By Kris Weber, Legal Director Arc Pensions Law
It is a long-established pillar of UK insolvency law that in every corporate failure, some creditors can and will recover more of what is owed to them than others. This is achieved through a precise, status-driven order set out in legislation.
But recent legal changes have adjusted that order, reinstating HMRC as a preferential creditor on corporate failures, in respect of unpaid income tax, National Insurance Contributions (NICs) and VAT. This ‘new normal’ arises from regulations made under the Finance Act 2020, which restored HMRC’s status in respect of any insolvency-related process commencing on or after 1 December 2020.
Although beneficial for Treasury receipts going forward, there will be potentially negative consequences elsewhere. For example, as a result of HMRC’s revised position further up the creditor list, both the corporate and financial sectors are also genuinely concerned that lenders will be far less-inclined to lend, thanks to the increased risk of lower recoveries in the event of corporate failure.
Consequences will also arise in the pensions arena, most notably in respect of ‘defined benefit’ (DB) pension schemes. Because HMRC’s claims now rank ahead of the unsecured ‘statutory debts’ owed by failed corporates to their DB schemes, pence-in-the-pound recovery of the latter will be commensurately smaller: those DB schemes and their members are set to lose out.
The legislative changes are also set to create a further potential drain on the resources of the Pension Protection Fund (PPF), which could again impact not only DB schemes but ultimately scheme members as well. Established in 2005, the PPF acts as a statutory ‘lifeboat’ for underfunded DB pension schemes of failed corporates, which would otherwise have to wind up with whatever assets they (and they alone) have available to them.
First, the new legislation has the potential, dependent on the sums involved in any given situation, to cause schemes which might be too well-funded for the PPF (and able to continue, or wind-up, outside it) to instead fall into it.
The PPF provides ‘compensation’ to scheme members equal to between 90% and 100% of what their pension benefits from their employer’s scheme would have been, had the company and the scheme survived long enough for those benefits to be paid directly.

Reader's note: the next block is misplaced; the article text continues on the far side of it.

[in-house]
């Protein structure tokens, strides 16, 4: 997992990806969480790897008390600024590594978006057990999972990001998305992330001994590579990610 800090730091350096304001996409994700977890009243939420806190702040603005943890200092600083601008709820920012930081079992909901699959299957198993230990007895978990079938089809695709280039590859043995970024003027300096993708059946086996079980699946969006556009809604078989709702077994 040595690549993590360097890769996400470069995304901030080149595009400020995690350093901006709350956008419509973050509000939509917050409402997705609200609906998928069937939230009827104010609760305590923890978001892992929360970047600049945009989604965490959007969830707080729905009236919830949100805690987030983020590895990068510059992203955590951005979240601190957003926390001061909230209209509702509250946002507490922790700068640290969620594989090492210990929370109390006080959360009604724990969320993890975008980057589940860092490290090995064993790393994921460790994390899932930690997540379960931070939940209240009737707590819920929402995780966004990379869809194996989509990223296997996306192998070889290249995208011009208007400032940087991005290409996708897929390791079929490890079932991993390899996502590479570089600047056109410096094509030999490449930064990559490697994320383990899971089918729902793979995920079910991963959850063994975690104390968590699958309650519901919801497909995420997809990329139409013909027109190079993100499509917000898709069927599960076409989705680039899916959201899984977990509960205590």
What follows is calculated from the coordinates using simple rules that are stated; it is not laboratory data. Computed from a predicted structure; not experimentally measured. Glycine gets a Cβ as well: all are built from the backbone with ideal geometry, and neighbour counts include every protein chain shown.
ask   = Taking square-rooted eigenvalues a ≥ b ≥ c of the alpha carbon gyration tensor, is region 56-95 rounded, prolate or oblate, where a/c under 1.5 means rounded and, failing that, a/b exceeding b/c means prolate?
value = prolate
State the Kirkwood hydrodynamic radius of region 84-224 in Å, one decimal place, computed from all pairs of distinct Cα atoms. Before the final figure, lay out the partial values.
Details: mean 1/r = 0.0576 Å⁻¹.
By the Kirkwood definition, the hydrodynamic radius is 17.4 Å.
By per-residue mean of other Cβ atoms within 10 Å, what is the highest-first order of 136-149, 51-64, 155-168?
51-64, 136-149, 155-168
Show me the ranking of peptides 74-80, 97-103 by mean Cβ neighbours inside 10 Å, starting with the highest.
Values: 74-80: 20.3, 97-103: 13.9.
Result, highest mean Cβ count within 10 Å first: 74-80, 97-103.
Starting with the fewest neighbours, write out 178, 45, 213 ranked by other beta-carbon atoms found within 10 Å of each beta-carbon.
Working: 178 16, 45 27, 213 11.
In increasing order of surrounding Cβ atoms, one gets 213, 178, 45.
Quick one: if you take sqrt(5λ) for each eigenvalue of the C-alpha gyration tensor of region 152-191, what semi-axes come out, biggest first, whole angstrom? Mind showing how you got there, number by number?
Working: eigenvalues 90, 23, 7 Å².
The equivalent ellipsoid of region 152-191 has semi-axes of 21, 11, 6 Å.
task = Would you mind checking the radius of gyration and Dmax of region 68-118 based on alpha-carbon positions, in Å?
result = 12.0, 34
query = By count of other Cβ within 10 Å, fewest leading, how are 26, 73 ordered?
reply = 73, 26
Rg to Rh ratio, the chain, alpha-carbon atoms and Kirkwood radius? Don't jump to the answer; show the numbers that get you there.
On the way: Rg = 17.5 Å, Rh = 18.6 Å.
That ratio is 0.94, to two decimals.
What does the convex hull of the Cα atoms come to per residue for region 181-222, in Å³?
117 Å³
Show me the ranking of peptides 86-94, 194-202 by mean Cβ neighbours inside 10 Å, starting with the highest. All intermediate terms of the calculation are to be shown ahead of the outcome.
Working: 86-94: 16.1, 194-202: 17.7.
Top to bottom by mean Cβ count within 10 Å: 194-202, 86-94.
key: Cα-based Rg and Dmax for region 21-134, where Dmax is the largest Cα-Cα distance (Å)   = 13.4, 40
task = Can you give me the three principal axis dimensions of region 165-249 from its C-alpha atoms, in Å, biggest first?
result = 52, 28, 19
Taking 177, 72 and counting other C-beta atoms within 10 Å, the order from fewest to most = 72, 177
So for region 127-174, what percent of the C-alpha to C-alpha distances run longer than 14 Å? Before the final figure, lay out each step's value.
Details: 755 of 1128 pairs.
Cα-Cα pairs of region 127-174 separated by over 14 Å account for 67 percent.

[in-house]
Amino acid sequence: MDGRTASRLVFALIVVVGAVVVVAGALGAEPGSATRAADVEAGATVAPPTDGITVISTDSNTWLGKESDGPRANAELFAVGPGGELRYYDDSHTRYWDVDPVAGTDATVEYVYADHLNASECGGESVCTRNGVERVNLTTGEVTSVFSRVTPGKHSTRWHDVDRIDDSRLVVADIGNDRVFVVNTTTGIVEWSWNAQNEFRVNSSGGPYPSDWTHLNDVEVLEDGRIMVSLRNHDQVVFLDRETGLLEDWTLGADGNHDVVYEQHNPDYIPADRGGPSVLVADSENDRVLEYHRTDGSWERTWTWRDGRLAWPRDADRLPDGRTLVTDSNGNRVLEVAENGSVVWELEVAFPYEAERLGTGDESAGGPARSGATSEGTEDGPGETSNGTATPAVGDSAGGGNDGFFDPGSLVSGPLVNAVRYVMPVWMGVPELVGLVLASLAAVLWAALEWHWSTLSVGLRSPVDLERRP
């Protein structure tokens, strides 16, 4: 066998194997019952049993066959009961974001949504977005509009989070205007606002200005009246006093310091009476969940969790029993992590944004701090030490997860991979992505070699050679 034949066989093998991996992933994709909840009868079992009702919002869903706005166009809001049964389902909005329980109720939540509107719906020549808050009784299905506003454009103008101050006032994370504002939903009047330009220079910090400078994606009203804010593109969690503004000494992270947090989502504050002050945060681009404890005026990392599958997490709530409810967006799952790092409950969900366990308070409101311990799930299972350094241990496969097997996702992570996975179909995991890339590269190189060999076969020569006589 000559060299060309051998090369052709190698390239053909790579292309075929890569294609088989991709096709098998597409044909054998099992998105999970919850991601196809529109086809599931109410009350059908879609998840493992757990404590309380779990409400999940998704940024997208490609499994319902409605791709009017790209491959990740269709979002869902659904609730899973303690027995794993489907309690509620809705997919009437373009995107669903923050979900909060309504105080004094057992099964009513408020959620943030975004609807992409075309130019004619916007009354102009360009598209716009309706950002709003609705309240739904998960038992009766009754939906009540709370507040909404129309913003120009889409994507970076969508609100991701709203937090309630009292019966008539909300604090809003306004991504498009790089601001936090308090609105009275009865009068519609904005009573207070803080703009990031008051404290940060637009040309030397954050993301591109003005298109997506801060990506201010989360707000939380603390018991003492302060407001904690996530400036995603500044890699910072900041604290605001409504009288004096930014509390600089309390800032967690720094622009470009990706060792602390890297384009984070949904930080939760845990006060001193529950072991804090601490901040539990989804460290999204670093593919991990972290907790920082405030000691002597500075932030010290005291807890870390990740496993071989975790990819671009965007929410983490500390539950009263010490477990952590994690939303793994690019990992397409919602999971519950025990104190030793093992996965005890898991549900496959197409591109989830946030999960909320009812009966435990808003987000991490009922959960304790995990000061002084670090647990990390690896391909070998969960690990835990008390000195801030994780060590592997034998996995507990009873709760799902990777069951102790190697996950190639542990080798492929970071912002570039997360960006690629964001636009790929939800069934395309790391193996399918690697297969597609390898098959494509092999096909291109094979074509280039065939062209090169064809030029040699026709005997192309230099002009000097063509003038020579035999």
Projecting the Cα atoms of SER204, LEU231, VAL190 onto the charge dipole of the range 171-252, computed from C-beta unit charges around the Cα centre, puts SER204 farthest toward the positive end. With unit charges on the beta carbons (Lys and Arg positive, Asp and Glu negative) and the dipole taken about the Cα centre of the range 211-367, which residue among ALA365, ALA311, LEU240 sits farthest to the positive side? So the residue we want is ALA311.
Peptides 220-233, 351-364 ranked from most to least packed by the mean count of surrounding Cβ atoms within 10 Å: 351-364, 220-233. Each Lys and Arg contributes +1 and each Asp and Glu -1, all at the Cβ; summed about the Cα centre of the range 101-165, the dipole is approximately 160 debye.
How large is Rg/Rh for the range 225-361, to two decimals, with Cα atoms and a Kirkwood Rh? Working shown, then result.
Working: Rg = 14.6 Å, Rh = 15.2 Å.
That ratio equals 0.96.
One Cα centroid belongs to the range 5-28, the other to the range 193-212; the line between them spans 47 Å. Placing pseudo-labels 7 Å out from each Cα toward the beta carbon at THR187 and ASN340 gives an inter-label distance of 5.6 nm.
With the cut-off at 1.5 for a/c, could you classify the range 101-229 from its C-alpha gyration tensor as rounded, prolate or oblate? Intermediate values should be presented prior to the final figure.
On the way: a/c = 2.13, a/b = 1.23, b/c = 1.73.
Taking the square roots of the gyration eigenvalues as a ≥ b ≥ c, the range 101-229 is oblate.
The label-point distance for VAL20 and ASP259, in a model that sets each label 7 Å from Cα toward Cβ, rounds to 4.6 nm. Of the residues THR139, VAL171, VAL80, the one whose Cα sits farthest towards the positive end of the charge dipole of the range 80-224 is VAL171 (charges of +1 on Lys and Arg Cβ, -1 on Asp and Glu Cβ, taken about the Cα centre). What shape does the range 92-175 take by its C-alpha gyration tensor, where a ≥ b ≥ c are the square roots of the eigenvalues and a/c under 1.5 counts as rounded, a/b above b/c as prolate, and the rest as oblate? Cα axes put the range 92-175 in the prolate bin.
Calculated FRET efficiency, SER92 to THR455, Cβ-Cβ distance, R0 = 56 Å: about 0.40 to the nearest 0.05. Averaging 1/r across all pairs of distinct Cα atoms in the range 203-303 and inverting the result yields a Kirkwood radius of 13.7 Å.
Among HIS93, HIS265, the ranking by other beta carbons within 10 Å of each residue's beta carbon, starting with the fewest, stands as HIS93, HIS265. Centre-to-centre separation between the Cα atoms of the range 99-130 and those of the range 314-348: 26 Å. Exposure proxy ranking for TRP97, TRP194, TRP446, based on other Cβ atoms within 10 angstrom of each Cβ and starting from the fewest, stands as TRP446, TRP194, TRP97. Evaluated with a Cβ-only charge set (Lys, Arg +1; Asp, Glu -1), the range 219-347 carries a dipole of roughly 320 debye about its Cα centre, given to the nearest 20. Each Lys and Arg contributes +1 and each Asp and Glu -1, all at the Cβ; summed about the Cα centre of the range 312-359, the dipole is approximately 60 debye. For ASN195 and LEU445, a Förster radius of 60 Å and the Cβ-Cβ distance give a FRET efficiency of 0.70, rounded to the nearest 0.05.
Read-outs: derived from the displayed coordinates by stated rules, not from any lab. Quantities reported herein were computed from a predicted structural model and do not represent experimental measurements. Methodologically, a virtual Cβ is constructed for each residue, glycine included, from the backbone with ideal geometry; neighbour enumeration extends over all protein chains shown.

In essence, existing pensioners are paid in full whilst deferred members – those who have yet to draw their benefits – take some form of financial hit. PPF compensation for deferred members is essentially limited to 90% of their benefits, with a lower level of inflation-proofing then applied than schemes’ own rules would require.
(Further constraints also apply, most notably an upper limit on the amount of compensation that the PPF can pay to any given individual.)
The net result is that HMRC’s gain could come at the expense of member outcomes being adversely impacted. Even when the PPF intervenes to make good the benefits due to DB pension scheme members of failed corporate entities, those members may – if the scheme that goes into the PPF would not have done, absent the change in insolvency priority order – still lose out because of the legislative change.
Alternatively, if the scheme would have entered the PPF anyway, its own recovery will be smaller. Any funding shortfall is likely to flow through to the ultimate backers of the PPF, namely existing levy payers. Those levy payers are the remaining corporate entities with DB pension schemes, who must pay the levy in order to fund the PPF and thereby maintain their own schemes’ eligibility for it.
It is self-evident that any creditor’s gain must always come at the expense of another – and HMRC’s in this case will be to the chagrin of DB pension schemes, the corporate entities which sponsor them, and potentially those schemes’ members too. For the PPF, this represents another potential drain on its stretched resources. It is already having to deal with the financial implications of its compensation cap having been declared contrary to both the EU Insolvency Directive and age discrimination legislation in recent years.
And the fact that it, the PPF, is (currently) in surplus is neither here nor there – surplus is transient, being nothing more than temporary over-funding; and whether an investment fund (being in reality what the PPF is) is in surplus or deficit, a drain on resource is a drain on resource which means money that wouldn’t otherwise have to be found from somewhere, does now need to be.
If the PPF now receives less than it would have done previously, because HMRC is once again a preferential creditor, the shortfall will have to be restored: levies will increase and pension schemes and their members will ultimately bear the cost. Treasury will gain whereas DB pension schemes, employers that sponsor them, and those schemes’ members, all stand to lose.
Whether that was the intention of those who drafted the legislation, or an unintended consequence, is unclear. But it doesn’t seem entirely right – as well as somewhat ironic now that our newest piece of pensions legislation, the Pension Schemes Act 2021, introduces criminal penalties for those corporate entities (and/or their individual directors) whose acts or omissions cause DB scheme members not to receive their benefits in full…